The Florida Project: Wiig & Mumolo Wax Weird and Wacky in Bizarro Comedy
While we’ve grown accustomed to normalizing predictability in mainstream comedies, there’s still room for surprise and effervescence, at least judging from Barb and Star Go to Vista Del Mar, reuniting actors and scribes Kristen Wiig and Annie Mumolo, who penned the 2011 hit Bridesmaids.
Initially unfolding in the vein of a familiar SNL themed skit harpooning Midwestern attitudes and accents a la the Coen Bros., Josh Greenbaum’s narrative debut eventually takes a dive into the sublimely strange, like an edible kicking in just when you suspected it wasn’t nearly potent enough. A candy-coated mixture of gonzo musical numbers, fascinating cameos and a comic book inspired villain, it plays like some forgotten 80s time capsule where all the odd elements somehow work.
Best friends Barb (Mumolo) and Star (Wiig) have never left their small-town Nebraskan clime. They’ve depended on each other for everything since Barb’s husband died and Star’s spouse left her for another woman, but when they’re laid off at work and kicked out of their rigid social club, a tip from an old friend (Wendi McLendon-Covey) brings the duo on their first vacation, to the sun dappled Floridian coastal resort town Vista Del Mar. Not everything goes according to plan, as both women fall for the handsome Edgar (Jamie Dornan), who is in the town on an insidious mission for the vengeful woman he works for, Dr. Lady (also Wiig), who wishes to ruin the residents of the city due to a traumatic incident she experienced as a teenager. But Edgar finds himself drawn to Star while Barb begins to break out of her shell. Dr. Lady’s having none of it, and refuses to allow this ill-timed romance to ruin her murderous plot to unleash genetically modified mosquitoes on Vista Del Mar during its annual Shrimp Jam.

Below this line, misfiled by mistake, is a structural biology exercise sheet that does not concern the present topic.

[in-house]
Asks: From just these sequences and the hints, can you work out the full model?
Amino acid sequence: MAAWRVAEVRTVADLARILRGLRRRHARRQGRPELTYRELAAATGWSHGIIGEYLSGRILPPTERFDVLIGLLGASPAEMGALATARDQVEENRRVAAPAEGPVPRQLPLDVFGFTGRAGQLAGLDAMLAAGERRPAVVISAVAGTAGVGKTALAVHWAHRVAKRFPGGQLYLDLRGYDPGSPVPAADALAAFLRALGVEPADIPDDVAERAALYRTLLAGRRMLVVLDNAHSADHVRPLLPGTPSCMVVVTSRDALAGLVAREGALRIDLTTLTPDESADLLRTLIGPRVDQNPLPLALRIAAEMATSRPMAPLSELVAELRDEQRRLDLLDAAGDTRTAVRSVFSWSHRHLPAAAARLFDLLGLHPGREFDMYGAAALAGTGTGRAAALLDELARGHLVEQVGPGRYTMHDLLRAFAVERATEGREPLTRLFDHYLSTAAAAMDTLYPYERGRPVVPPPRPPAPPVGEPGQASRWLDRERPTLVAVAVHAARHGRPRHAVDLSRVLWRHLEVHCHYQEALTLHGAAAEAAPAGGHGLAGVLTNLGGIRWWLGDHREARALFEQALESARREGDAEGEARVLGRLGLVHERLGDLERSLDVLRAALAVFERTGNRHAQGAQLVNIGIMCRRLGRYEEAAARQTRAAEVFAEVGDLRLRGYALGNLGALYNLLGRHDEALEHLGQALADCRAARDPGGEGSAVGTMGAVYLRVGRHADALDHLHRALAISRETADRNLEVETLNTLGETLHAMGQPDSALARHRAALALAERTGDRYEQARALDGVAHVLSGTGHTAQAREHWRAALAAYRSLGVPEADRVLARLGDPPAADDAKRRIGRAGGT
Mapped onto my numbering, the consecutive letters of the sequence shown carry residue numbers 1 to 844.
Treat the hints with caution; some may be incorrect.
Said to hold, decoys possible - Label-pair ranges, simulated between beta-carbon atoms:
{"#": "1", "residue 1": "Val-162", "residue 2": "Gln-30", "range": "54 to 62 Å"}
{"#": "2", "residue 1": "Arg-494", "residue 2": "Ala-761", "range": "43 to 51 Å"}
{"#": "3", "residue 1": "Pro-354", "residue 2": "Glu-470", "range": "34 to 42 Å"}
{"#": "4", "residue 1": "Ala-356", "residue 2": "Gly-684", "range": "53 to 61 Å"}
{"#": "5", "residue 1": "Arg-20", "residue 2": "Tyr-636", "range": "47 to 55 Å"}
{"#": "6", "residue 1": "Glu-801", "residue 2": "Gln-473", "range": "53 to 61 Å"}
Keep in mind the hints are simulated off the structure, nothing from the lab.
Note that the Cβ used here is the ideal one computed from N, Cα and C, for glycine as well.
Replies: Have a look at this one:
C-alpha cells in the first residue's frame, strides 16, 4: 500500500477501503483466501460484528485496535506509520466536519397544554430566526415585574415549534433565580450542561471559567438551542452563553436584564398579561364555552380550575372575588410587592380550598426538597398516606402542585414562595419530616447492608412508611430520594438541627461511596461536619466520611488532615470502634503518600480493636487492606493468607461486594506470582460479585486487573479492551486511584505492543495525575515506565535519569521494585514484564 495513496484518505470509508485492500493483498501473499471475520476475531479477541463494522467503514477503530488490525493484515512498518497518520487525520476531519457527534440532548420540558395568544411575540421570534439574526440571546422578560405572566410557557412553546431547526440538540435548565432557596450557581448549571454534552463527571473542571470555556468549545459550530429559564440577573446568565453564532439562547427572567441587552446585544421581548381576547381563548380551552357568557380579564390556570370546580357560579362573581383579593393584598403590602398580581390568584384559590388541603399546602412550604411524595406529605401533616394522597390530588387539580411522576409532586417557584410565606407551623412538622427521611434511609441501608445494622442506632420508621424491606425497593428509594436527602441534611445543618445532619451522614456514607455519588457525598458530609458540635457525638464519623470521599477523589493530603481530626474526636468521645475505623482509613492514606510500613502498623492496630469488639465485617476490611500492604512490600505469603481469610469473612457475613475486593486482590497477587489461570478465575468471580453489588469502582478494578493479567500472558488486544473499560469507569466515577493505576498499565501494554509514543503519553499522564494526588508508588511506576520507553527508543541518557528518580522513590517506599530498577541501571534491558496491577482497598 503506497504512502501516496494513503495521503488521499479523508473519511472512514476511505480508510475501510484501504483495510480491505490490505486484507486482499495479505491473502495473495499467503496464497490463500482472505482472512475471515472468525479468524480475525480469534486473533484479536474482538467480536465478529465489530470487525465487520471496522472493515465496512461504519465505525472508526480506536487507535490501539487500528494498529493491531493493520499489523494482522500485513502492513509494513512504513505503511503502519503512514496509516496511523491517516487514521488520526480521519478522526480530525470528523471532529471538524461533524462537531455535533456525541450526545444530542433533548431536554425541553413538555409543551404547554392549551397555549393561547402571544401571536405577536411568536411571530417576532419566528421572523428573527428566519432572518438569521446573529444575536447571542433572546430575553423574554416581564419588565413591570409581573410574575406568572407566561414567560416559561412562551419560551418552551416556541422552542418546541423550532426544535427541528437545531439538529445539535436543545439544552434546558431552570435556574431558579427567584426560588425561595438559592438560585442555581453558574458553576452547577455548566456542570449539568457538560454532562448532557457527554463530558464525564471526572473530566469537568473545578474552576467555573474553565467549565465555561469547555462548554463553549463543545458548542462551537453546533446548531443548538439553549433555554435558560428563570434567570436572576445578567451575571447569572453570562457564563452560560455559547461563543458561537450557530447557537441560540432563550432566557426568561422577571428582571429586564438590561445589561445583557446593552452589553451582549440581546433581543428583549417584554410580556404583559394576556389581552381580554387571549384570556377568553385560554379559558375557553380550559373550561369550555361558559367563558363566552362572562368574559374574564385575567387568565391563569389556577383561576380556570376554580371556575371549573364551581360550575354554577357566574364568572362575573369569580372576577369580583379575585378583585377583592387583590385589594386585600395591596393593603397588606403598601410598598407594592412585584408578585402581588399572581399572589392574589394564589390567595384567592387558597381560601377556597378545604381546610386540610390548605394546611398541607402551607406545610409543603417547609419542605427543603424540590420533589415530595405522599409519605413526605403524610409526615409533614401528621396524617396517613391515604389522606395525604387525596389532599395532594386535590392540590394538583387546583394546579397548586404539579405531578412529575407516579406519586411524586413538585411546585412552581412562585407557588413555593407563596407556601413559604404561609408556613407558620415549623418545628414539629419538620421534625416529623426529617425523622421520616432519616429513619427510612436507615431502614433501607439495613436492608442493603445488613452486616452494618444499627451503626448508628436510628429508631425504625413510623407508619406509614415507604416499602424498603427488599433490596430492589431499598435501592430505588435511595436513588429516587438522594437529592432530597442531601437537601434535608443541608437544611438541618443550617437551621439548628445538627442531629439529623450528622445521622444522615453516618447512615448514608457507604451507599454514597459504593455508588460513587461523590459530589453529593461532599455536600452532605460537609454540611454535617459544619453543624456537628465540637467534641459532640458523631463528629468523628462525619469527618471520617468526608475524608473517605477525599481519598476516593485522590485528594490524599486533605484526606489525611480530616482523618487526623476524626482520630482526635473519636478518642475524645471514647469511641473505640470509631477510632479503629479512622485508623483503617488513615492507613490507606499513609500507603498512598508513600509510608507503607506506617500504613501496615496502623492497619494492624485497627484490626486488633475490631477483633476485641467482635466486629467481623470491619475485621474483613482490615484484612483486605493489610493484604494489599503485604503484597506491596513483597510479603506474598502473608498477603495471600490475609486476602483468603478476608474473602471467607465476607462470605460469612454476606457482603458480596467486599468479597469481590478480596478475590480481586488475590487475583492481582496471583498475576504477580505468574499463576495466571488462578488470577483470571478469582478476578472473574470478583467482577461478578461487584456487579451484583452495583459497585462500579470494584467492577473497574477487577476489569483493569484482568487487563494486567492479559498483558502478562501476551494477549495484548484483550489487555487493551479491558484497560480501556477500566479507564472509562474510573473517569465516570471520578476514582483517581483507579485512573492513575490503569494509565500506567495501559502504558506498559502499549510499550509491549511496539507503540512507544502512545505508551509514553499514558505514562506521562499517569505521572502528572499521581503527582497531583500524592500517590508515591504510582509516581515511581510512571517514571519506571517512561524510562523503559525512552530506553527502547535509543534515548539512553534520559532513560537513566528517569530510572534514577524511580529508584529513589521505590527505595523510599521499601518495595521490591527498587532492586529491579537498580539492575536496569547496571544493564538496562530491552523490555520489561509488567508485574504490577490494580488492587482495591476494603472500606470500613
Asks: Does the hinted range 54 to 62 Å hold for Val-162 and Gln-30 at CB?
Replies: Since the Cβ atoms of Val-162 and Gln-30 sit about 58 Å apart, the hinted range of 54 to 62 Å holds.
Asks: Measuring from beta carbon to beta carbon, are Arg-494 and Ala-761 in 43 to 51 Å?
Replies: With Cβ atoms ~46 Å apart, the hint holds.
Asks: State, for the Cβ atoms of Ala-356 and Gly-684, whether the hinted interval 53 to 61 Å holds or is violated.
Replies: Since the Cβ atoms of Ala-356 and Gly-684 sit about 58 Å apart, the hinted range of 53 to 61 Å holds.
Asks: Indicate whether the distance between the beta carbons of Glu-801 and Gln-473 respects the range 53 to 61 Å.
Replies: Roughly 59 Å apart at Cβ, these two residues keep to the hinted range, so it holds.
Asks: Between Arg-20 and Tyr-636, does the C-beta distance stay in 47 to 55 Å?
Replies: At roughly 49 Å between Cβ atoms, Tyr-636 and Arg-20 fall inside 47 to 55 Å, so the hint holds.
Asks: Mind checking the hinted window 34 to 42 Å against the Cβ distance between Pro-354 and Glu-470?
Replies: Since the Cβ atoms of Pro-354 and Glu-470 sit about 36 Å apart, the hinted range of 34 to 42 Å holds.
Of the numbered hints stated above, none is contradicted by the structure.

Shot by Toby Oliver (Get Out, 2017), Barb and Star is a brightly lit Floridian fantasy with a narrative as light as gossamer. In truth, it’s entirely predictable given the nonsensical set-up and begins on a note which suggests it’s doomed to fail. But Mumolo and Wiig feel effortless in their ability to laugh at themselves while also caring for the closed off women they’re playing. Their downy, feathered hair and exaggerated accents might grate, but they settle into a silly groove, aided by Jamie Dornan (who’s never seemed to be having as much fun as he does here) as the lovelorn Edgar.
Wiig’s evil alter ego, Dr. Lady, who looks like a Tim Burton villain mixed with something from Zoolander (Will Ferrell and Adam McKay serve as producers, which might mislead some into what they’d expect from the material) has her own moments with sidekick Yoyo (Reyn Doi, opening the film with a fun lip synch to “Guilty” by Barbra Streisand and Barry Gibb).
An impressive array of talent is at the narrative’s disposal, each with their own dash of energy (only Damon Wayans Jr. as the blundering Darlie Bunkle feels a bit underutilized). If you like your innuendo sweet and weird with a dash of obvious emotional manipulation, you’ll likely crush hard on Barb and Star Go to Vista Del Mar.